Paleonet: Unidentified microfossils?

Daley, Gwen Marie daleyg at winthrop.edu
Thu Mar 30 00:30:33 GMT 2017


Tiny sponge?

http://www.telegraph.co.uk/news/science/picture-galleries/8677290/Scanning-electron-microscope-images-reveal-hidden-horror-and-beauty.html?image=9

[http://i.telegraph.co.uk/multimedia/archive/01962/sponge-spicules_1962395i.jpg]<http://www.telegraph.co.uk/news/science/picture-galleries/8677290/Scanning-electron-microscope-images-reveal-hidden-horror-and-beauty.html?image=9>

Scanning electron microscope images reveal hidden horror ...<http://www.telegraph.co.uk/news/science/picture-galleries/8677290/Scanning-electron-microscope-images-reveal-hidden-horror-and-beauty.html?image=9>
www.telegraph.co.uk
This may look like a gruesome monster from the latest sci-fi event movie, but it is in fact a real creature. No need to panic, though, as the hydrothermal worm is ...






________________________________
From: paleonet-bounces at paleonet.org <paleonet-bounces at paleonet.org> on behalf of Trenton J. Ryan <tr86 at humboldt.edu>
Sent: Wednesday, March 29, 2017 7:35:56 PM
To: paleonet at paleonet.org
Subject: Paleonet: Unidentified microfossils?

Hello,

I am working on a masters thesis and have found numerous examples of a thus far unidentified microfossil? and have taken some SEM photomicrographs of them, found here: http://imgur.com/a/v30Th

The specimens in question were found in Northern California in the late Miocene Saint George Formation  (sandy mudstone). Occurrence of them seems to be limited to the shelly deposits within the formation, as they are not found in the strata between prominent shell beds. The macrofossils in the shell beds are mostly made up of Macoma inquinata, Macoma secta, and less frequent Solen sp., Clinocardium sp., and Nassarius sp.. The only forams that I have found in the shell beds are Elphidium sp., which are rare.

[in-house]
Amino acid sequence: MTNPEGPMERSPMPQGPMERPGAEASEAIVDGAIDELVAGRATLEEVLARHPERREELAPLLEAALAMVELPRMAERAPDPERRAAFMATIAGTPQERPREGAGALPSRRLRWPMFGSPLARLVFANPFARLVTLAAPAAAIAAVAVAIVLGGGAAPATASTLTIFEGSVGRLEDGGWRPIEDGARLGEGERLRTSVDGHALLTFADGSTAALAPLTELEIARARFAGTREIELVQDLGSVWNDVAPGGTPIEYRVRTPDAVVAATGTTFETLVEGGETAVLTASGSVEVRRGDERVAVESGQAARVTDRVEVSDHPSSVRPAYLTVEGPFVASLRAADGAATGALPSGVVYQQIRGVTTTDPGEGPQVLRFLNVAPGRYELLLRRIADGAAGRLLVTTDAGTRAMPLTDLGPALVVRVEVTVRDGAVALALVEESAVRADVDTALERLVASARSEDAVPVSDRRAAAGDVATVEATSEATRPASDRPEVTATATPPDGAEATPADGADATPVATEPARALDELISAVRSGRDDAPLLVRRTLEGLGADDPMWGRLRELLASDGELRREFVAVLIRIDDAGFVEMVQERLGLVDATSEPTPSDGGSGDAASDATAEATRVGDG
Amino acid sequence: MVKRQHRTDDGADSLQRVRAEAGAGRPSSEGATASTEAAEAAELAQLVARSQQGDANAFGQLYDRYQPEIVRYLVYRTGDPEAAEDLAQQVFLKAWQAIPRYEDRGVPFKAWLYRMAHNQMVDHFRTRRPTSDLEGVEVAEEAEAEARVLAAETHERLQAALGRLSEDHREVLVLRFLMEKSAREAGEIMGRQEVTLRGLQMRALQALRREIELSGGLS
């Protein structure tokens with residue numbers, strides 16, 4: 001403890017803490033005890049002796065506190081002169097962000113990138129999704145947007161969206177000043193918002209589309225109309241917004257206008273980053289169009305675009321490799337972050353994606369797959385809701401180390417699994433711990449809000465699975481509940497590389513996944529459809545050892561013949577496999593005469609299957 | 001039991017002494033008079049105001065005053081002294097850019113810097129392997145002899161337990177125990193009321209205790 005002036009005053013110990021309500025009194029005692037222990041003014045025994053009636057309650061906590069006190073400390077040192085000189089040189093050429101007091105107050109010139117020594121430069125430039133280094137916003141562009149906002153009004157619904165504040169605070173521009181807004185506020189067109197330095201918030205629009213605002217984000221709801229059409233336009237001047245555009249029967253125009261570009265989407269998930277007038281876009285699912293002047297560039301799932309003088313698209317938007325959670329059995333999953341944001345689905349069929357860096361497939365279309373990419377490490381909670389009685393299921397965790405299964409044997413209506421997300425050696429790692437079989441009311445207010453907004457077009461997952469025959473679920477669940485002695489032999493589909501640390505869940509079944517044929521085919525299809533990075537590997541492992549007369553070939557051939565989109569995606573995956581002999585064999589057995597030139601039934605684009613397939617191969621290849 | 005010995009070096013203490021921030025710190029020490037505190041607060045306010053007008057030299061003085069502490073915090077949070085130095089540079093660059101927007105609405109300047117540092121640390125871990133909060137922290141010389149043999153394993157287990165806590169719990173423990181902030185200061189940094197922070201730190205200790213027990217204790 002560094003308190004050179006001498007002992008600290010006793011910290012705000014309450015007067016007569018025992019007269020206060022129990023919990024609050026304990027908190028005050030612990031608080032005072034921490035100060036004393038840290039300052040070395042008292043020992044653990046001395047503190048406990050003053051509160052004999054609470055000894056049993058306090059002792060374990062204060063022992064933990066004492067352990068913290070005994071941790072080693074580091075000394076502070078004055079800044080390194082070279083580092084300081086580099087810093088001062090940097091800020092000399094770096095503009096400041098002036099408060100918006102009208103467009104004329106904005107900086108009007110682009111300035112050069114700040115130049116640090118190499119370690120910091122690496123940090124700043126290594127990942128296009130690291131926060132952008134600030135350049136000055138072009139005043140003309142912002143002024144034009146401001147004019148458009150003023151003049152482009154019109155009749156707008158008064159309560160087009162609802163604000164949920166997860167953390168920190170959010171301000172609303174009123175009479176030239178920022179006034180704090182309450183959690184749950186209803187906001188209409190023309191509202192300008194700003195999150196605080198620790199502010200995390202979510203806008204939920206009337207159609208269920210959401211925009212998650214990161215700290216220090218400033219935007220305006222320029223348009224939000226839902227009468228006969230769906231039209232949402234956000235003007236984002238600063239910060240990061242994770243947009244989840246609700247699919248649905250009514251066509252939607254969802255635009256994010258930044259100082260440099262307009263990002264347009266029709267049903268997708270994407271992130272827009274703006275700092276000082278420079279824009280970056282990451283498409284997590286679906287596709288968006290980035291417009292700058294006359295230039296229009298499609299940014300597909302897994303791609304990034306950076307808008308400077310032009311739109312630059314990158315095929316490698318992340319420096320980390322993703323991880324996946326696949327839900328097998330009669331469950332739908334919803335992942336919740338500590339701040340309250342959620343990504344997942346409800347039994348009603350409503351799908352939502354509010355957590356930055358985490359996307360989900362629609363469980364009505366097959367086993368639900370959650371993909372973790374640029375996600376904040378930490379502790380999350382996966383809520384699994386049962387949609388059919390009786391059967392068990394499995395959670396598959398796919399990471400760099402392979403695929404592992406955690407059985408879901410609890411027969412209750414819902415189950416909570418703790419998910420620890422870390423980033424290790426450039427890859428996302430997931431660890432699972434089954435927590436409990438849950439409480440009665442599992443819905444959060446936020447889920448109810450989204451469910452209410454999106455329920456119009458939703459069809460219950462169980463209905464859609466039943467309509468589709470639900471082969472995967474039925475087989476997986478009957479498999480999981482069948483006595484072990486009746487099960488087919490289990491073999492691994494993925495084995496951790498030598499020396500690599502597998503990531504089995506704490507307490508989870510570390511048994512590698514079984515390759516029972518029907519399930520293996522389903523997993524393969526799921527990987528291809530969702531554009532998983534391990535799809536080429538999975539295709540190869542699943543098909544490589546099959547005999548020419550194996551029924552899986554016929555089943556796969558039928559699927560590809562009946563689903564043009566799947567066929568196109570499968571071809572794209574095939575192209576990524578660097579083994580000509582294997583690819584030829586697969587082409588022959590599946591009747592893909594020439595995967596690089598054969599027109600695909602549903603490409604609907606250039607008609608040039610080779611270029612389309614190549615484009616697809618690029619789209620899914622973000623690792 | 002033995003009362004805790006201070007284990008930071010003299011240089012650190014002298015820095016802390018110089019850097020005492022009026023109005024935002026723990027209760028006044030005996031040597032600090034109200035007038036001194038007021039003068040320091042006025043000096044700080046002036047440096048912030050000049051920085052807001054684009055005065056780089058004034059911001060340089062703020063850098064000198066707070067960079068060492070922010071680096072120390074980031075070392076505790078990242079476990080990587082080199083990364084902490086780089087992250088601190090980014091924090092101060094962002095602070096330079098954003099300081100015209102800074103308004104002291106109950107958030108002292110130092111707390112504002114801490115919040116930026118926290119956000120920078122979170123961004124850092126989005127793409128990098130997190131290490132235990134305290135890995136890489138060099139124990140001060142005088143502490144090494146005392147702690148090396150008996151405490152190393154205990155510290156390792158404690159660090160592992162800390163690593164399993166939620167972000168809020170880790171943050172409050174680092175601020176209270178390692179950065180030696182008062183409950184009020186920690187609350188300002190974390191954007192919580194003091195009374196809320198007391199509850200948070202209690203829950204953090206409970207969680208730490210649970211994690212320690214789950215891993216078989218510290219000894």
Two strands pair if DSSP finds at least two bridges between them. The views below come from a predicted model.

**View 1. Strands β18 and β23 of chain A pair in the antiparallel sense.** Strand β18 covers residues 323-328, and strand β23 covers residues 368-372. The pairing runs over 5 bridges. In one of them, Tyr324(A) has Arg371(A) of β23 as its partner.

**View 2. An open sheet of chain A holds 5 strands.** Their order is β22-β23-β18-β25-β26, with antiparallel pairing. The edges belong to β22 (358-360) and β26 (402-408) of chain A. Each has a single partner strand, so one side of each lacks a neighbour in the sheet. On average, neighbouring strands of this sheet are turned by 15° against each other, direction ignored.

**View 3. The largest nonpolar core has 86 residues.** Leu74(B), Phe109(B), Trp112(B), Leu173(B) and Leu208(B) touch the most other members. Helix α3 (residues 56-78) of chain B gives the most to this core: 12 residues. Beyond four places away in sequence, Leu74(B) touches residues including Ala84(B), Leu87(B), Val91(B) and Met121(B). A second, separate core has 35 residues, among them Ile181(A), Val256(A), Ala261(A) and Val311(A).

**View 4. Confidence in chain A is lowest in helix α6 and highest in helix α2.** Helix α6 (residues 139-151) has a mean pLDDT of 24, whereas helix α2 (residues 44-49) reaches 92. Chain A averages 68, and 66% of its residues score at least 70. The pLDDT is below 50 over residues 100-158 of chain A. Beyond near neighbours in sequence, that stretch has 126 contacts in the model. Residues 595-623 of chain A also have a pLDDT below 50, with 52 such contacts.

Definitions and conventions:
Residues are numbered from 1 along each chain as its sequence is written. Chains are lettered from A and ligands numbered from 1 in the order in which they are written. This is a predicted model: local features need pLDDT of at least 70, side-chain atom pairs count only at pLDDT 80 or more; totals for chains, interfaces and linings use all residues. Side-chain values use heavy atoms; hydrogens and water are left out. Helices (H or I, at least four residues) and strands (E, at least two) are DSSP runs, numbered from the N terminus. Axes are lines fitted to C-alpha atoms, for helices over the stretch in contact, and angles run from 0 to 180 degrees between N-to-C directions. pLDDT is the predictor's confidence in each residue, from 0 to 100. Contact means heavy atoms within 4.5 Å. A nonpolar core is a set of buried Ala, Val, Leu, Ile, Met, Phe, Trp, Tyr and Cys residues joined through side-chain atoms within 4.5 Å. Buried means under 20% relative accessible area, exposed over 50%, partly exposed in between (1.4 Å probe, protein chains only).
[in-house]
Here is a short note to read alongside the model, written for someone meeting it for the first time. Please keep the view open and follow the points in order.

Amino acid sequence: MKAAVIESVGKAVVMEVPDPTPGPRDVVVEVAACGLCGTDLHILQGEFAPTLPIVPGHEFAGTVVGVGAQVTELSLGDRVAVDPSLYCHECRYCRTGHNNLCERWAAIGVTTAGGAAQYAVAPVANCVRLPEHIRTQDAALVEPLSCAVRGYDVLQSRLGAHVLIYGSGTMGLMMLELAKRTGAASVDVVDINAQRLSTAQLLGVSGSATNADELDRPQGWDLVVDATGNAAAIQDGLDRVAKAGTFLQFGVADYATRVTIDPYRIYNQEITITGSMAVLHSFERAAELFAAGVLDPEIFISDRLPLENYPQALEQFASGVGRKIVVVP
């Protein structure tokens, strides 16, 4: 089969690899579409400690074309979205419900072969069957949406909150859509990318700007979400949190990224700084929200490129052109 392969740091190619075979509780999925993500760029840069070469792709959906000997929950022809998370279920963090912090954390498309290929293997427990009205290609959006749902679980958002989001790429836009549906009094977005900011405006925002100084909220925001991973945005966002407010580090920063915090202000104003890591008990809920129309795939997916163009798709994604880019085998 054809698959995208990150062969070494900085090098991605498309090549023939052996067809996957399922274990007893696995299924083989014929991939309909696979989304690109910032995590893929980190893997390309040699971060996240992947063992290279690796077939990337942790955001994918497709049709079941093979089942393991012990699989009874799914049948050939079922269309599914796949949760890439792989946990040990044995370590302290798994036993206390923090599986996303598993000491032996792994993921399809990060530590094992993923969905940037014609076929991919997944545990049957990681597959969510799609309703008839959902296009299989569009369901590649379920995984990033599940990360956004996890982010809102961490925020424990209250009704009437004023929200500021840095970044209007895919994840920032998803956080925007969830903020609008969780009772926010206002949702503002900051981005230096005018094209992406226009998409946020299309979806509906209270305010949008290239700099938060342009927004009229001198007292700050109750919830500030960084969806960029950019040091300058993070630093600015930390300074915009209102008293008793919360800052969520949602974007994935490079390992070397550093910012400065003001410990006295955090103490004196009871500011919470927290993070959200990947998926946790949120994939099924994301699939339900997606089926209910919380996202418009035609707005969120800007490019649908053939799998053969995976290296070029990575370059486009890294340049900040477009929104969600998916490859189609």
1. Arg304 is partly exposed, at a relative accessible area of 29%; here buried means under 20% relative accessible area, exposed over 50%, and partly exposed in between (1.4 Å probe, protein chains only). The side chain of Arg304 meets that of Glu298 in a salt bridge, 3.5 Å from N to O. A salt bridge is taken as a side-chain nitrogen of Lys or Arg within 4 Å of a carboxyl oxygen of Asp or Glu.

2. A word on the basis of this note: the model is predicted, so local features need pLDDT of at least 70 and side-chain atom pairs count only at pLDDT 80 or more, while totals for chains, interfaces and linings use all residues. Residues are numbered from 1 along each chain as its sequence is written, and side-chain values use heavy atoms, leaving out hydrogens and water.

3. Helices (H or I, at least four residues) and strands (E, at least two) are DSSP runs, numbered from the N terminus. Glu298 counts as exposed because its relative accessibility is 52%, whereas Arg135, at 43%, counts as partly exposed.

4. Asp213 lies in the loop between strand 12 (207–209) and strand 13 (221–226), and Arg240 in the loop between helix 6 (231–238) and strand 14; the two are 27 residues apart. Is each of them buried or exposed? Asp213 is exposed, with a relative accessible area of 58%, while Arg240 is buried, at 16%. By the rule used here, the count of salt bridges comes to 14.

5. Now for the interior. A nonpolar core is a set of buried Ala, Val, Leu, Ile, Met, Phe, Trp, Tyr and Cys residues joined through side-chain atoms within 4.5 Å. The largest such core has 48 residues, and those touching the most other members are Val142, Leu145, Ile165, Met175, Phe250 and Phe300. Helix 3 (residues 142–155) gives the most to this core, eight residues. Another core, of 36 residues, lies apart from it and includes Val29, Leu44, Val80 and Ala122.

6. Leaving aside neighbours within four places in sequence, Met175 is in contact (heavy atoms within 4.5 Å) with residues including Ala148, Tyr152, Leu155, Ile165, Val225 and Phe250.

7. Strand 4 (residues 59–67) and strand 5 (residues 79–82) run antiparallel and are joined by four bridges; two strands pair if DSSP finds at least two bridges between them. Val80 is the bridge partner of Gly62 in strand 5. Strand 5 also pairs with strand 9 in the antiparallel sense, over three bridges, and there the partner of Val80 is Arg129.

Under a regular light microscope and when wet, the unidentified specimens appear translucent with a more opaque, milky-white central 'nucleus'. This 'nucleus' accounts for ~20% of the total volume per specimen and is not apparent (visually) when dry. All of them have an ovate form, and do not vary much in terms of size. They are likely siliceous, as they do not react to HCL.  As you can see in the SEM images, they also exhibit an intricate stellate pattern.

Any ideas on what they could be? Some suggestions thus far are octocoral sclerites, dinoflagellate cysts, or fossilized pollen.

Thanks,
Trenton Ryan
tr86 at humboldt.edu<mailto:tr86 at humboldt.edu>
Humboldt State University
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